WEDNESDAY, Oct. 19, 2016 (HealthDay News) — A new type of plaster cast might help older adults avoid surgery for unstable ankle fractures, according to research published in the Oct. 11 issue the Journal of the American Medical Association.
Keith Willett, M.B., B.S., a professor of orthopedics, rheumatology, and musculoskeletal sciences at the University of Oxford in the United Kingdom, and colleagues assessed the use of a new plaster cast technique, close contact casting. The study included 620 older adults in the United Kingdom with unstable ankle fractures. Half had surgery and half received a close contact cast.
Six weeks and six months after treatment, the researchers observed no significant differences between the two groups in terms of pain, ankle motion, mobility, or quality of life. Patients in the surgery group had more adverse events than those in the close contact cast group — 116 versus 71. Also, those in the close contact cast group spent an average of 54 minutes less time in the operating room, but required more outpatient consultations and use of hospital transportation. The length of hospital stay and the time it took patients to get back on their feet were similar in both groups.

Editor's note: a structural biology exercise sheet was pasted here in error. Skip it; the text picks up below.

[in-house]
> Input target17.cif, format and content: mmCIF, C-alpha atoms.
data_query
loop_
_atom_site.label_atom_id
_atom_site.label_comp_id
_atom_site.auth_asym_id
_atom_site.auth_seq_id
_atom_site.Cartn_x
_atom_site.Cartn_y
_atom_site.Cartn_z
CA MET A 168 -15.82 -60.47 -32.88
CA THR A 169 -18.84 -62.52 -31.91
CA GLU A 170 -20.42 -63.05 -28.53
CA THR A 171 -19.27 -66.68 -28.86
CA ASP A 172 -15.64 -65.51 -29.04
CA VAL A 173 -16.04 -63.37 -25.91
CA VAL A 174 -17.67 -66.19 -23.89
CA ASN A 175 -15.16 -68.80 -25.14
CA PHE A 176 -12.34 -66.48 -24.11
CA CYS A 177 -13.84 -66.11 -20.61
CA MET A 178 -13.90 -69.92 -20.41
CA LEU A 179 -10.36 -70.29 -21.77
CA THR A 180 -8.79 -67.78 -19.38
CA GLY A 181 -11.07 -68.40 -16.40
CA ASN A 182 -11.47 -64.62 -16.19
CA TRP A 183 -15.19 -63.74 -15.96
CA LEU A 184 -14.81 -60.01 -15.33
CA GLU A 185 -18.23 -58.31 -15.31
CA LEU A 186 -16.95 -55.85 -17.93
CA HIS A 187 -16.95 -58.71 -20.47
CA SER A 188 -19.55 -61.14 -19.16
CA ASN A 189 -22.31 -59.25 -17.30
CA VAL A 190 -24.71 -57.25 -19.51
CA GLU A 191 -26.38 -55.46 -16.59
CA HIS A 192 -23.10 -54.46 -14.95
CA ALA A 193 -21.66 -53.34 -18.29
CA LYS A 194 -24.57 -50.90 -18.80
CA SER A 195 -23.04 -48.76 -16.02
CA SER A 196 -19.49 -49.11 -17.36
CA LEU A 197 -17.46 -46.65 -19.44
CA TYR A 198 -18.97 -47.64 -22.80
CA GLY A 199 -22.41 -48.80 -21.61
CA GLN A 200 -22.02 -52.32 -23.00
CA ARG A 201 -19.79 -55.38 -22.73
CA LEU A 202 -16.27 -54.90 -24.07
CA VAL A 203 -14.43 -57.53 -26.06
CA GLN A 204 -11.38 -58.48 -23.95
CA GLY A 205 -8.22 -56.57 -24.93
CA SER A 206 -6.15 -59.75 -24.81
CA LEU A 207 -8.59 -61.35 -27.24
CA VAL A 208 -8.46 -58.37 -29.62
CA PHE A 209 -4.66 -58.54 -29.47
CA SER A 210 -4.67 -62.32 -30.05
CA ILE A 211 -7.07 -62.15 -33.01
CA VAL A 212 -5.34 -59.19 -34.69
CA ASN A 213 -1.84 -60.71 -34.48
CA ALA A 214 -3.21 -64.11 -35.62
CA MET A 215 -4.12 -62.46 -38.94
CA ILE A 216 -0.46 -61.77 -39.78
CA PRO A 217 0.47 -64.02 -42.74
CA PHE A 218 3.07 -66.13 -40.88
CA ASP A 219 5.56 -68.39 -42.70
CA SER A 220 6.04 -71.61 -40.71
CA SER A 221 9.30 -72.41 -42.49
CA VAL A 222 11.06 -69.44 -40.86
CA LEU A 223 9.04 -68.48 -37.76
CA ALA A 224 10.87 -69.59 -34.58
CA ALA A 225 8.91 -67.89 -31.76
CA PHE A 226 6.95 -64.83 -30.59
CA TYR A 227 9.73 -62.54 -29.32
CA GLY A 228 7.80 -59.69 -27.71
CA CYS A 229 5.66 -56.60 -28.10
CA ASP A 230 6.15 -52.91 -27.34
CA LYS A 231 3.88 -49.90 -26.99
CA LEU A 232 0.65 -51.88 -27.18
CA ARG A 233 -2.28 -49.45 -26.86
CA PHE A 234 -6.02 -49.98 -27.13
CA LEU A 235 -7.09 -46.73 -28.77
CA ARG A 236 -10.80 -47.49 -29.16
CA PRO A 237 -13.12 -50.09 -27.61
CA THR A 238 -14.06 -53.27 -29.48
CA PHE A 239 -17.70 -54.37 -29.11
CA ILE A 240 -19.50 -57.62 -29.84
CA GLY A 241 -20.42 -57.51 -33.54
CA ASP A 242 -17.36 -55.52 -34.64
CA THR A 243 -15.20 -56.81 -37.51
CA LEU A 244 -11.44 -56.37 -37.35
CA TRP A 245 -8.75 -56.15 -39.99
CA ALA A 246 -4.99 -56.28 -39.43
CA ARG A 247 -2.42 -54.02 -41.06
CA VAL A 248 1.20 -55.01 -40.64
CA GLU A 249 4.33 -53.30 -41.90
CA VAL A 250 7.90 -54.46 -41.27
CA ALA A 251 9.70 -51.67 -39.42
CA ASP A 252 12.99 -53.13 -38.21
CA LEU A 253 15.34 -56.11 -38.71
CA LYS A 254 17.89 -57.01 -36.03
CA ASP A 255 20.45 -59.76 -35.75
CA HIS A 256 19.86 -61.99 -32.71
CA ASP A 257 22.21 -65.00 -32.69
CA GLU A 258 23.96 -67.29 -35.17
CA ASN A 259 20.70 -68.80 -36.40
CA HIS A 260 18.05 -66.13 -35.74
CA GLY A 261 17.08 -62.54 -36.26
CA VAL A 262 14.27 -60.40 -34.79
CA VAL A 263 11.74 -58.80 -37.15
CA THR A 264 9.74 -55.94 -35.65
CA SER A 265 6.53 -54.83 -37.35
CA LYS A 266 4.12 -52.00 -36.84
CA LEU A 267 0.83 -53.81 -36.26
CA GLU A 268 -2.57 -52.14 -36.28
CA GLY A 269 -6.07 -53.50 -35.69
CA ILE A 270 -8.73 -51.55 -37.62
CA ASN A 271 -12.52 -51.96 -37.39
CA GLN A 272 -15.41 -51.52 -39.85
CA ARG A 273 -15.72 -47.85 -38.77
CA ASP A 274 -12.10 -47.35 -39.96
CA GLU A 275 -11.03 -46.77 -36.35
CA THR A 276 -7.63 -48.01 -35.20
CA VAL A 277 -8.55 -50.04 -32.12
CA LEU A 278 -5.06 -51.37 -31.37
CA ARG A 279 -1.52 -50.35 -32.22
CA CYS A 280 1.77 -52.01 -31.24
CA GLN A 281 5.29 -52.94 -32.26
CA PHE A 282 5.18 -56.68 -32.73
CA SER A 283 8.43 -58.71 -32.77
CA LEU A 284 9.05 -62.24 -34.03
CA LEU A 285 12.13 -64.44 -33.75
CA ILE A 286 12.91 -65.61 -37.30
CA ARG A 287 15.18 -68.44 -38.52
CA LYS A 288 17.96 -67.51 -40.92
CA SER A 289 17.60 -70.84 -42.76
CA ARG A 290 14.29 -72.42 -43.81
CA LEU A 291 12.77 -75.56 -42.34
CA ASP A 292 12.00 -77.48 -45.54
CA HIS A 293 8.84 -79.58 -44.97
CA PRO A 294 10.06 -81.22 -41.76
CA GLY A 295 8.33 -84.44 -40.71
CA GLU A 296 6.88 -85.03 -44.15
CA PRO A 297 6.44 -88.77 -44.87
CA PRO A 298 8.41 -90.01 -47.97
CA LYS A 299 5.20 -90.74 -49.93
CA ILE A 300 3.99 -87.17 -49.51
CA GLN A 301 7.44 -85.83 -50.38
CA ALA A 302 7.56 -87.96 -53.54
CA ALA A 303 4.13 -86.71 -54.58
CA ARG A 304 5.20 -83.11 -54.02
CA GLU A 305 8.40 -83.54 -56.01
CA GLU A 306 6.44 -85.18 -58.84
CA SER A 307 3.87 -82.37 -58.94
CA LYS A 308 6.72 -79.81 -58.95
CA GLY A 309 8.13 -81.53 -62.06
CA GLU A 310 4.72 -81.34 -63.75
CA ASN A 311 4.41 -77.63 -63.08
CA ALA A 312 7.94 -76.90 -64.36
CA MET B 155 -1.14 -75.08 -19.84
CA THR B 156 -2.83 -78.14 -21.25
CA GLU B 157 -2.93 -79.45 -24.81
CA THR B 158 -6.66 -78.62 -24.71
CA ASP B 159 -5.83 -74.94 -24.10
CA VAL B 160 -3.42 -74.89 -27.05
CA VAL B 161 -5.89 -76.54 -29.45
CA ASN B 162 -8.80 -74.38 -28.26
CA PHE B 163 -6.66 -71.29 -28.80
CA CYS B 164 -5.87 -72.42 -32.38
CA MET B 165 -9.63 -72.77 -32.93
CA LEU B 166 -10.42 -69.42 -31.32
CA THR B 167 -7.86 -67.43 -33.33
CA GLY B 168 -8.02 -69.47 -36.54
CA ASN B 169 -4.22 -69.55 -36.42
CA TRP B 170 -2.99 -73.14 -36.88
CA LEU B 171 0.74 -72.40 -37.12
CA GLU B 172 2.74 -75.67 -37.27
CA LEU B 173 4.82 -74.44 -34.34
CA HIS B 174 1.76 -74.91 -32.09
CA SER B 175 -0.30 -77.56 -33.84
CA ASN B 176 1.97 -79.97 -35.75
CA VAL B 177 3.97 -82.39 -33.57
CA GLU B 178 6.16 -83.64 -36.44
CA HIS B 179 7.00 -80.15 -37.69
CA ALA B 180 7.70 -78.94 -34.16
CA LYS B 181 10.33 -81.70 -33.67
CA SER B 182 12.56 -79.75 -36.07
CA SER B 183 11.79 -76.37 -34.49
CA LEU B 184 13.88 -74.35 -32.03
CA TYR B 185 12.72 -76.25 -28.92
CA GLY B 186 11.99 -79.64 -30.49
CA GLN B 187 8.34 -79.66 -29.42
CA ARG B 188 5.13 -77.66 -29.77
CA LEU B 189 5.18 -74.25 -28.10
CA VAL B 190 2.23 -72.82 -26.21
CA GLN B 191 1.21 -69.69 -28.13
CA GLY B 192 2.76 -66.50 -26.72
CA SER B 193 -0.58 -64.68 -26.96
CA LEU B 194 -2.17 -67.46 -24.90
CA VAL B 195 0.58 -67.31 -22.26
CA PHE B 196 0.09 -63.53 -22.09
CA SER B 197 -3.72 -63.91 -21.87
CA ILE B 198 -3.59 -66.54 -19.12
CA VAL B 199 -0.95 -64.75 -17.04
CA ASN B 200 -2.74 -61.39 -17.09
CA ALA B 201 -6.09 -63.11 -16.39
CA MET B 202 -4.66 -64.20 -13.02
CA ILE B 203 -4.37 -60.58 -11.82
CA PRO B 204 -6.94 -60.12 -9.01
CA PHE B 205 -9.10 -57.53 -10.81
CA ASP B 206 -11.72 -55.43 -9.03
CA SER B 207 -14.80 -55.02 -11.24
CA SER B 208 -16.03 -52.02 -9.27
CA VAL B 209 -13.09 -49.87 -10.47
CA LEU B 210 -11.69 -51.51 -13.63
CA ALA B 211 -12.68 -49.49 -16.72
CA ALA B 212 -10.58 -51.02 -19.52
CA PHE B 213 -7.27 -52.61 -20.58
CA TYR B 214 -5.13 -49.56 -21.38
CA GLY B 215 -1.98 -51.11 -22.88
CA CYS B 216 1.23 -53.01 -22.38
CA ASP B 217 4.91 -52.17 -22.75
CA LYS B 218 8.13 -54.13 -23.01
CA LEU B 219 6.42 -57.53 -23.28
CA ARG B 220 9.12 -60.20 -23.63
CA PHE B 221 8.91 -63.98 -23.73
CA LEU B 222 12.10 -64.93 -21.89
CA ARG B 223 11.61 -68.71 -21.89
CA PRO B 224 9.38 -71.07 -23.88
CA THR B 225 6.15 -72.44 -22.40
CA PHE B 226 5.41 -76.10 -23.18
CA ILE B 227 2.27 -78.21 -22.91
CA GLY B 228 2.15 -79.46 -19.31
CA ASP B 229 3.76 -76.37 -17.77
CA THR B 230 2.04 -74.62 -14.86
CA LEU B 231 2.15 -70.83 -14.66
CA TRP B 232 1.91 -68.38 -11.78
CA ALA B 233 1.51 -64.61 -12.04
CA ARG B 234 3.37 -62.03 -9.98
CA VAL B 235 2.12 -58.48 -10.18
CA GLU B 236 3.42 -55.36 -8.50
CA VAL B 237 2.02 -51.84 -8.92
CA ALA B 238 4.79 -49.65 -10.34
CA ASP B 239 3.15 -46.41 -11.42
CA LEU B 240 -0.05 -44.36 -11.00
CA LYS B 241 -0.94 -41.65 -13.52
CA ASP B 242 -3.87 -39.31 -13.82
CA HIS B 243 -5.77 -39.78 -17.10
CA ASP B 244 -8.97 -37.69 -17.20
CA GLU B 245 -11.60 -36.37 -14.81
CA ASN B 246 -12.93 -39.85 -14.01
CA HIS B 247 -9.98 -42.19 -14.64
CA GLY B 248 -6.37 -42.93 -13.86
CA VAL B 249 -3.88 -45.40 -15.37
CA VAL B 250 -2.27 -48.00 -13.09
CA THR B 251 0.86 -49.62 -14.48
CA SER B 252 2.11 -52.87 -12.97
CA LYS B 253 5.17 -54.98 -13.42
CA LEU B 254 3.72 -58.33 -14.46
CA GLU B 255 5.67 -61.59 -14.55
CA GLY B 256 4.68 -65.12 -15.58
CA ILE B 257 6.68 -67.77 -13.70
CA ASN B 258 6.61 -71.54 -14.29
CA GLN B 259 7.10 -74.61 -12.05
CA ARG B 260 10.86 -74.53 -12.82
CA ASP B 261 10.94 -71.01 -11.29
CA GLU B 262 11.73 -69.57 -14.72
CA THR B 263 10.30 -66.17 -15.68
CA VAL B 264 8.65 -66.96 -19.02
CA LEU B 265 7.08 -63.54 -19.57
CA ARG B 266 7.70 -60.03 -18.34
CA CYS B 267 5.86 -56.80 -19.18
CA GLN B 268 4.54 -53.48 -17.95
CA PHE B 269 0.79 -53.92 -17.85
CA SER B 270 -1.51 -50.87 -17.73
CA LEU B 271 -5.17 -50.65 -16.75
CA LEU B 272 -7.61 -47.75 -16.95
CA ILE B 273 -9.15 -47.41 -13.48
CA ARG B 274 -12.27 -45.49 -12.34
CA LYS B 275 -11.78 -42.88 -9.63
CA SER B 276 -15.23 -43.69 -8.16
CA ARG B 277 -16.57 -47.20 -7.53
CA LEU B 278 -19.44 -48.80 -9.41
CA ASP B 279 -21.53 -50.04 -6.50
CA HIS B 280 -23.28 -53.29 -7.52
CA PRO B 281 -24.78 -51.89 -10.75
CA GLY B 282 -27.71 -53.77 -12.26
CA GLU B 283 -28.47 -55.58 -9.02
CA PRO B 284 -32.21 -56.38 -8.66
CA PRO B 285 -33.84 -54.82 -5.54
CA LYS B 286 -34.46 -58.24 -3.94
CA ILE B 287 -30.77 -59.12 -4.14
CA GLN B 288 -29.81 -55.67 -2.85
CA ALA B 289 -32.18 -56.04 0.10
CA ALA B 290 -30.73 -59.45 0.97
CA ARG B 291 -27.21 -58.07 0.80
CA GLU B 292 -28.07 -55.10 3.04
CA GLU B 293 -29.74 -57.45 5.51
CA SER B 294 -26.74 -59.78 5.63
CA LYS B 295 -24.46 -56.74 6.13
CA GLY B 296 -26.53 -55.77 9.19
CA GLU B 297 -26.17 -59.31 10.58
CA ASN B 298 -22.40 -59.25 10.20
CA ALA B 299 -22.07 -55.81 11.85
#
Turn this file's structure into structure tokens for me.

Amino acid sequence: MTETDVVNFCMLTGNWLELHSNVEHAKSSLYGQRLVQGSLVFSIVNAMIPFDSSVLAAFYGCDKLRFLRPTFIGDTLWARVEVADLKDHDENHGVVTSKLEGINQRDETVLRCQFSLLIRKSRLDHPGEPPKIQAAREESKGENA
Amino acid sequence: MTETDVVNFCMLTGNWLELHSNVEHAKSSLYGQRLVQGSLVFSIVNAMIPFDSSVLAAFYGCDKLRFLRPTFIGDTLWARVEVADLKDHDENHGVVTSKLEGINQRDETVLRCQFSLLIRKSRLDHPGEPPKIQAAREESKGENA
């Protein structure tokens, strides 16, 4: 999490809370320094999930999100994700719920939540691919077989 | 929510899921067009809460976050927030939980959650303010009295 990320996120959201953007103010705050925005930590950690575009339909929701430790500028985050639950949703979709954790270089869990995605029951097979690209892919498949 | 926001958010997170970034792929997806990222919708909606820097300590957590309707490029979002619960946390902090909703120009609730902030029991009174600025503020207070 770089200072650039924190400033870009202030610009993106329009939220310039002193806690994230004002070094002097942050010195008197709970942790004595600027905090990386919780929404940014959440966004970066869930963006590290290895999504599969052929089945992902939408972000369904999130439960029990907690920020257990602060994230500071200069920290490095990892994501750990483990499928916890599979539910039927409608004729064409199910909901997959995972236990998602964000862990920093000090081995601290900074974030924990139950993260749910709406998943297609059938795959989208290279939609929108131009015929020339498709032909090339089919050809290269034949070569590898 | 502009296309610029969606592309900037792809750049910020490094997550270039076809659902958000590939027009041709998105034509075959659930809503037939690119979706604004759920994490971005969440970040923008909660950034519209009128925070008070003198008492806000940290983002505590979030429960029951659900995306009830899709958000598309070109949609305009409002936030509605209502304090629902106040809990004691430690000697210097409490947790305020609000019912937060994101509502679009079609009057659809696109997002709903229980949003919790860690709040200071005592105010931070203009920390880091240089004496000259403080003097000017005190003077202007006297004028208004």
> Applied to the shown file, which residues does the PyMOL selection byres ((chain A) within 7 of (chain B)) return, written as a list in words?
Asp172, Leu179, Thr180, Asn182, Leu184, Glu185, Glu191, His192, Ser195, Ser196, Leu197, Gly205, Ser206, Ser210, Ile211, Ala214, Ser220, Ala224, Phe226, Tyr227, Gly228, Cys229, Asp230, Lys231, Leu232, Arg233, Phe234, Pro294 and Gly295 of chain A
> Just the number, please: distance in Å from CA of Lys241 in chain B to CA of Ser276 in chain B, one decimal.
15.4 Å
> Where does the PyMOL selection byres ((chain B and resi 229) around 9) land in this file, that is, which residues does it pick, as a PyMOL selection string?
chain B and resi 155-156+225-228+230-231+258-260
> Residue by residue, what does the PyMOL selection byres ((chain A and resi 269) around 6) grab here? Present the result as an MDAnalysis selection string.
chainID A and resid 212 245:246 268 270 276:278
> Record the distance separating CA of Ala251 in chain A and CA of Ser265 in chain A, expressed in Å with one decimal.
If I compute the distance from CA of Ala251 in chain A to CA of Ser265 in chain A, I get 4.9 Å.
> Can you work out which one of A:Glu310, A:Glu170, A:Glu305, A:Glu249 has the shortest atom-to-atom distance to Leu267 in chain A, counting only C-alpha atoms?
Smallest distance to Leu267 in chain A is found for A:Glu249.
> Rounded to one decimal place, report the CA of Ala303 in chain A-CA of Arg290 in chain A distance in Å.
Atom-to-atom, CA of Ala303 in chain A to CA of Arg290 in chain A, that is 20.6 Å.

“Among older adults with unstable ankle fracture, the use of close contact casting compared with surgery resulted in similar functional outcomes at six months,” the authors write. “Close contact casting may be an appropriate treatment for such patients.”
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